Yom Kippur Draws Near

Yom Kippur, the Day of Atonement begins at sundown this evening. It is a somewhat stressful time for most of us, as it is a day of fasting–no food, no water–with a focus on what we’ve done wrong. It brings with it intimations and reminders of our own death. It involves a lot of hours in synagogue, praying (or listening to Torah readings, or trying to ignore that fact that you haven’t had any water in 20 hours and your mouth is really dry). It is a time of deep introspection. I kind of love Yom Kippur, actually. It’s Judaism at its darkest: focusing on the places we fear to go, forcing us out of our comfort zones, asking us to confront the uncomfortable.

Over the course of years, I, as so many of us do, have drifted into patterns in my life that I disapprove of. Maybe I gain a pound or two a year. As was pointed out to me recently, over the course or twenty years or so, that begins to add up. Maybe I give myself I pass on reaching out to people from time to time. Over time, that leads to a more insular life.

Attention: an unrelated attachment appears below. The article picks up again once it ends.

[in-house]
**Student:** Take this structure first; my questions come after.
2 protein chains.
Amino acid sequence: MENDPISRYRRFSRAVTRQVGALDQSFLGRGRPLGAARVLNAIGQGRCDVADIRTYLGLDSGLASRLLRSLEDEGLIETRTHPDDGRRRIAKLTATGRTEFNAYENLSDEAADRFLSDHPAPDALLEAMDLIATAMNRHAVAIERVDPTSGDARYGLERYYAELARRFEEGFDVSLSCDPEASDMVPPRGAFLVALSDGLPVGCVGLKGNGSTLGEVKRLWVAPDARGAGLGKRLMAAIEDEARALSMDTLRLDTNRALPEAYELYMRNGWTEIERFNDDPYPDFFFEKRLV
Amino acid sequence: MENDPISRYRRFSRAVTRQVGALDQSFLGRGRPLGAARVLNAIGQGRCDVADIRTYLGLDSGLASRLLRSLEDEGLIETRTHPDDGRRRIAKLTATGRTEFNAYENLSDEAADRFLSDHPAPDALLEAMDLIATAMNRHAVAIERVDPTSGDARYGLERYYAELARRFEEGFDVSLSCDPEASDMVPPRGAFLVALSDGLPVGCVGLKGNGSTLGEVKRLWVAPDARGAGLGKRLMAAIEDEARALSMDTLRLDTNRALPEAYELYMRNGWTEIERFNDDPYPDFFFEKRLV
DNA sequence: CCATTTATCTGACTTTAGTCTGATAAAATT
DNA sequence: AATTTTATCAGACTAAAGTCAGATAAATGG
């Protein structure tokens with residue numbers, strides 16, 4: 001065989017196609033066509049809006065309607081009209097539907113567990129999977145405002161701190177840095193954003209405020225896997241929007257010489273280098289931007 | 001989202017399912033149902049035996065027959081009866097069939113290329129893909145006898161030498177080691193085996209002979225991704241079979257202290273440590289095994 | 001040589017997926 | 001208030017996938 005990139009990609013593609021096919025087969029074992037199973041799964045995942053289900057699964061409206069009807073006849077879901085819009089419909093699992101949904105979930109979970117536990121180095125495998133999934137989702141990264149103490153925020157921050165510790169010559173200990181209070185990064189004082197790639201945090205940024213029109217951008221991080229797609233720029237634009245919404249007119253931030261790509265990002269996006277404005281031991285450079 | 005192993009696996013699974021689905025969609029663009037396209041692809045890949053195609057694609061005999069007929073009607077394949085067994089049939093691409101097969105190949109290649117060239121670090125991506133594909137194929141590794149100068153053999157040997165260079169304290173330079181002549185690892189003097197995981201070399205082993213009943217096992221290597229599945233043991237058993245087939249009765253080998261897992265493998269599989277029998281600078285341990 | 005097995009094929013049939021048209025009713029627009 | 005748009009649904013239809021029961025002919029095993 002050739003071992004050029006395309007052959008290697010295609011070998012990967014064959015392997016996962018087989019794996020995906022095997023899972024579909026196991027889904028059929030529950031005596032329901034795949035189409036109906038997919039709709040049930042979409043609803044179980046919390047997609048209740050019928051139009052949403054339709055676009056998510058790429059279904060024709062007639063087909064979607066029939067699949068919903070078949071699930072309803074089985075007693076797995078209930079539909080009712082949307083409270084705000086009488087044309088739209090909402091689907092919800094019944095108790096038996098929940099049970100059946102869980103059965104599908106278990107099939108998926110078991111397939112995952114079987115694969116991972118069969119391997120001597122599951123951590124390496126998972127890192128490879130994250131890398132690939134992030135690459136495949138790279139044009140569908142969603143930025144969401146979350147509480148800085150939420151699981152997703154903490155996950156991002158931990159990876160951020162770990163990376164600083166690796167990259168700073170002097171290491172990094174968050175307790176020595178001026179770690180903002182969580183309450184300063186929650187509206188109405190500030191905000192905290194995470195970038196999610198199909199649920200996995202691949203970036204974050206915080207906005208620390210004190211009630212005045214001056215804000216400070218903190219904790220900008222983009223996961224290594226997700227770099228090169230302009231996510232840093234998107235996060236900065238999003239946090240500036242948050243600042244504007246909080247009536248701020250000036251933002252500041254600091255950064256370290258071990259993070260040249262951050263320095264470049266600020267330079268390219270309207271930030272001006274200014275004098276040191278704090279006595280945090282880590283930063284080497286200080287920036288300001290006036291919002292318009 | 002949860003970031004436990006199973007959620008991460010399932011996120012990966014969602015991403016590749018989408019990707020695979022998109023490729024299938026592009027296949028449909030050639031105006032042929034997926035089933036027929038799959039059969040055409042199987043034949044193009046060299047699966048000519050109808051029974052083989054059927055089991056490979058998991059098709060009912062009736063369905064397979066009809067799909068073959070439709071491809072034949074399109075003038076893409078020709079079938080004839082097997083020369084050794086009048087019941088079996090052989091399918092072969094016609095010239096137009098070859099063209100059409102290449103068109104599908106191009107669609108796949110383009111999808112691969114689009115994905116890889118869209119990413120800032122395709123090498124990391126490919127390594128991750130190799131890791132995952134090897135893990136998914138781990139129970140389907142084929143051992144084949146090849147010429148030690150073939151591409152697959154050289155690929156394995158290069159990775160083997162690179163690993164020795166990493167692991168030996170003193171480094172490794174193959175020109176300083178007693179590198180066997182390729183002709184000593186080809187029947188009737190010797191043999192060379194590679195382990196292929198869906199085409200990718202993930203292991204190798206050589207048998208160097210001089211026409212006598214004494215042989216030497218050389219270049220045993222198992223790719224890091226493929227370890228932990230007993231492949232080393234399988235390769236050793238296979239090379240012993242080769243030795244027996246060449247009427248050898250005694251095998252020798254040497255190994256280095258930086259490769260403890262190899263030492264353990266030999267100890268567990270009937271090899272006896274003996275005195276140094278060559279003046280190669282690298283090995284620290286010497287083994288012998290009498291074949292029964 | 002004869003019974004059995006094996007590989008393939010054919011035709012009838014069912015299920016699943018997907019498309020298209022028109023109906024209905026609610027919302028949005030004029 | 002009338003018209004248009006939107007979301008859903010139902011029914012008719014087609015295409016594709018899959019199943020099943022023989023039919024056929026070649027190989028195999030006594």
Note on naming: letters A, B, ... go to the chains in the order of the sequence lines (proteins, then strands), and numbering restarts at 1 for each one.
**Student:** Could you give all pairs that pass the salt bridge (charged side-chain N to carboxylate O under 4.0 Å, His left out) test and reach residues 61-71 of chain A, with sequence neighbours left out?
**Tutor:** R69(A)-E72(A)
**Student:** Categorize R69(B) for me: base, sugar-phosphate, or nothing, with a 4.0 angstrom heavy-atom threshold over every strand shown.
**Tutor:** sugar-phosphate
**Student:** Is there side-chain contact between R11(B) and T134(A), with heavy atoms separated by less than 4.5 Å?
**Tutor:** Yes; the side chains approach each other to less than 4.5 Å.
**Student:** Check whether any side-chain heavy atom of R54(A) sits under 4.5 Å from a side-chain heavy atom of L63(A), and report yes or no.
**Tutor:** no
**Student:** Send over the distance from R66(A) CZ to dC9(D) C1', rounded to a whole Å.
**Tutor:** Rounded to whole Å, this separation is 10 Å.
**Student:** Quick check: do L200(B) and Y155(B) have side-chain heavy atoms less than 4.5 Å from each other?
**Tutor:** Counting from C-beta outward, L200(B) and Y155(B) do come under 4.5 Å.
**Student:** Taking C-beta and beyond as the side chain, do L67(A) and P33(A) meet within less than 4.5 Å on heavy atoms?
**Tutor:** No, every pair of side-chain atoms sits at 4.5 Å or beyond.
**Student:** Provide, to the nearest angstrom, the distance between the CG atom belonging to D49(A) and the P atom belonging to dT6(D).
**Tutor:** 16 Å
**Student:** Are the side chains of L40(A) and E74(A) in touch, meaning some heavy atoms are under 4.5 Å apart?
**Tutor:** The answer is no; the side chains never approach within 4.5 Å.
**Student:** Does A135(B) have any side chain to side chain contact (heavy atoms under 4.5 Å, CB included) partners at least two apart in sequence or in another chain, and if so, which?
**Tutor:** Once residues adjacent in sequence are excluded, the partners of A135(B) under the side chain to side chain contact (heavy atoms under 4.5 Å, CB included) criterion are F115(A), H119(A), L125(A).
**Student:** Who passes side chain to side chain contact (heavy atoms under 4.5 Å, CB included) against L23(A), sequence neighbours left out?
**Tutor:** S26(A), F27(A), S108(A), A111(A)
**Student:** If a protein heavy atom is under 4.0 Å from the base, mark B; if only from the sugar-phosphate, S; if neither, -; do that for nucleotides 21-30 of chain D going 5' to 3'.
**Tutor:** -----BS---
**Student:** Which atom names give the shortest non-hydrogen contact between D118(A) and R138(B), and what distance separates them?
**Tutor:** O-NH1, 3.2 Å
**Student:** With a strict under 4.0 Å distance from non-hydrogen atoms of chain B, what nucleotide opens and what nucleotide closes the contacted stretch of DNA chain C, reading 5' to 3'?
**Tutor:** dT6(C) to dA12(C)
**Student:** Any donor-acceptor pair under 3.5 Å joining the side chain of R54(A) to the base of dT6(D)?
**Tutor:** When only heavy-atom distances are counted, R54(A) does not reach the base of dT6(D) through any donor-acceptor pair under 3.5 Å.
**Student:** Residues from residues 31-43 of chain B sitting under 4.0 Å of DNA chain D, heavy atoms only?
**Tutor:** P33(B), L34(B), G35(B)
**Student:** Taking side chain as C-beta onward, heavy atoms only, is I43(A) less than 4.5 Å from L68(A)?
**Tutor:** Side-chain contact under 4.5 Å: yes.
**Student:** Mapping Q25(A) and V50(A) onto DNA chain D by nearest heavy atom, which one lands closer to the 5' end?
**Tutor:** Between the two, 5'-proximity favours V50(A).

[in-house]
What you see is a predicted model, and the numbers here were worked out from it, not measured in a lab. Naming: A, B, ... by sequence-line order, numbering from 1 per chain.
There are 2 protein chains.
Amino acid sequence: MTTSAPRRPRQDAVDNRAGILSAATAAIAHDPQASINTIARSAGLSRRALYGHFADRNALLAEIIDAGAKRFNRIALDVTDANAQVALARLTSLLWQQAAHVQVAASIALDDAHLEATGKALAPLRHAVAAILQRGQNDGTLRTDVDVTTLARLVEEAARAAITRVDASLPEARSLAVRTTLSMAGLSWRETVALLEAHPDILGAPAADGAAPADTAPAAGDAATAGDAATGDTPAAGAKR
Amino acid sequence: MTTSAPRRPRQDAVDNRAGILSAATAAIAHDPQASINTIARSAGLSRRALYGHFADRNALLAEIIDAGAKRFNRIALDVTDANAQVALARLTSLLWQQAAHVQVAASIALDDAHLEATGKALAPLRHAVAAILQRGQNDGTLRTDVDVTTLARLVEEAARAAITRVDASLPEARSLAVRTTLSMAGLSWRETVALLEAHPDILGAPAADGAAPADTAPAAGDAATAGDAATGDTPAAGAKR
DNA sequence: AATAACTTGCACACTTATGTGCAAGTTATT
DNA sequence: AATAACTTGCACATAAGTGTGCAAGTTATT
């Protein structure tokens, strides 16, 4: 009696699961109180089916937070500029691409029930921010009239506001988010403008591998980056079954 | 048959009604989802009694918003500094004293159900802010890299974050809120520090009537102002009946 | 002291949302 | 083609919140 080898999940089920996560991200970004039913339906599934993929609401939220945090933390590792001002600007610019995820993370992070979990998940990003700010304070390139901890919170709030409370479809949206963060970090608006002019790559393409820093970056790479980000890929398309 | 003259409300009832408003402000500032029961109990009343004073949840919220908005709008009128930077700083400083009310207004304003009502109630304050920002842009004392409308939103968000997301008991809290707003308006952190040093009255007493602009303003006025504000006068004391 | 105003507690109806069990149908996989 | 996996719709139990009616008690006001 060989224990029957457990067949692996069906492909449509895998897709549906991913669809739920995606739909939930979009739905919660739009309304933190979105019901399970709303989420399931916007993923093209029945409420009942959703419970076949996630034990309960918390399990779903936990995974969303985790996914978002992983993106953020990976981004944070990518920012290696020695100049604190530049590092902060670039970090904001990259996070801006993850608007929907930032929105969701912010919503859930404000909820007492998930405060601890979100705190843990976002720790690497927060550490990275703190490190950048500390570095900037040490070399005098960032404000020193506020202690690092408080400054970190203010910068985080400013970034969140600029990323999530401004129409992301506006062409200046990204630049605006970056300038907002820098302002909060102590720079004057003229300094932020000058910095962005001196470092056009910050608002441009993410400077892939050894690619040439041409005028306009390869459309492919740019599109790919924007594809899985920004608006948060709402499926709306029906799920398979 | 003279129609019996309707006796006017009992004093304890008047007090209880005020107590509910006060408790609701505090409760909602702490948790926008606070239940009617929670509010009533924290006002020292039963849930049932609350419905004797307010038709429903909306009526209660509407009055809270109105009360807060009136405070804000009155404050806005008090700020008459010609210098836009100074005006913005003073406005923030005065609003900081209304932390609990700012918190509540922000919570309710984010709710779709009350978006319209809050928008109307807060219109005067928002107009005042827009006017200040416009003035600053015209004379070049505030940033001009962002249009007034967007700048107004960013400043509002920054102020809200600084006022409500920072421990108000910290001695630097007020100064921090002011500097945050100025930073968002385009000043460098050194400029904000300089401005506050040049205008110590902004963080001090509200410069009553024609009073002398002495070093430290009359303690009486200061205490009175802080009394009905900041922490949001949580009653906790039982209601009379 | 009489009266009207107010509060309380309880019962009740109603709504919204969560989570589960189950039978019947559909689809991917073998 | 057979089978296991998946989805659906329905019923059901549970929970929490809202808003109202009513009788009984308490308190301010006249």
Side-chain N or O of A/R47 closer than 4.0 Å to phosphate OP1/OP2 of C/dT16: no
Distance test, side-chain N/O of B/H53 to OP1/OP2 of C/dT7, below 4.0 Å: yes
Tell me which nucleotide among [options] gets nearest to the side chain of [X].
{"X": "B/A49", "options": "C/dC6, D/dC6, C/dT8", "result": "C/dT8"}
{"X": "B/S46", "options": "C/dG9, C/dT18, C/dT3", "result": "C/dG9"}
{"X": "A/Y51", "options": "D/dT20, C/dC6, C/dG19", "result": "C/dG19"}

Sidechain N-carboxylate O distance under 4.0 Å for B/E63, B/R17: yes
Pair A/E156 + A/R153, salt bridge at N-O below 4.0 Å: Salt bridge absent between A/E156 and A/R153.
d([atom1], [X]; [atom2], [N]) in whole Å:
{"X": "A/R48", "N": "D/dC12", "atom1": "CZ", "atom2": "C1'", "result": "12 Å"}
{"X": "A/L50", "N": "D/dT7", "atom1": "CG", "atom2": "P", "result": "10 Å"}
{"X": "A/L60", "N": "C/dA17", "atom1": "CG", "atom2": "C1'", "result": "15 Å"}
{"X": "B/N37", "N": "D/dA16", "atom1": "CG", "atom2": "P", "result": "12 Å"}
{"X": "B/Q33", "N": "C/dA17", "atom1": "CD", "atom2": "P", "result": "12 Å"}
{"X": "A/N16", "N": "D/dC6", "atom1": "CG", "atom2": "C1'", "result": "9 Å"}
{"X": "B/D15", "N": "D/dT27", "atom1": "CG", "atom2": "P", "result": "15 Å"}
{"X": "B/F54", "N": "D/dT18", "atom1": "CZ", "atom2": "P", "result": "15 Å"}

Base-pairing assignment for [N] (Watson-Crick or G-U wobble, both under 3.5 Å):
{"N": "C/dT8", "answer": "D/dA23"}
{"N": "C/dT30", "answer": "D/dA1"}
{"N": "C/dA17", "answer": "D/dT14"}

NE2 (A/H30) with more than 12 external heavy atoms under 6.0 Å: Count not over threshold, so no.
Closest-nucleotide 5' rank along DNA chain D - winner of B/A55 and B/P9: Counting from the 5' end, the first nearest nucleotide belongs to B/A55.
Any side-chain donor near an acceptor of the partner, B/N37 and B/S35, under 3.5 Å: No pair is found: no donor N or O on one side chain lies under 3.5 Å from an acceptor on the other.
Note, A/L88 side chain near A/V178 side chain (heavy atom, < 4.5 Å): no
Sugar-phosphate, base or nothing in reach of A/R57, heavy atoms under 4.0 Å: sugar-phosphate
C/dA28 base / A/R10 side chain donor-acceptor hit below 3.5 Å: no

During Yom Kippur we have the opportunity to face ourselves (and God?) naked of the filters we normally bring. We have the opportunity to put aside our pride, our false bravado, our false humility, and find true humility. It is an opportunity to try to see ourselves as we are in the universe.

May this Yom Kippur be a meaningful one for all who celebrate it, and may we all be sealed for a good year. Gmar Hatimah Tovah.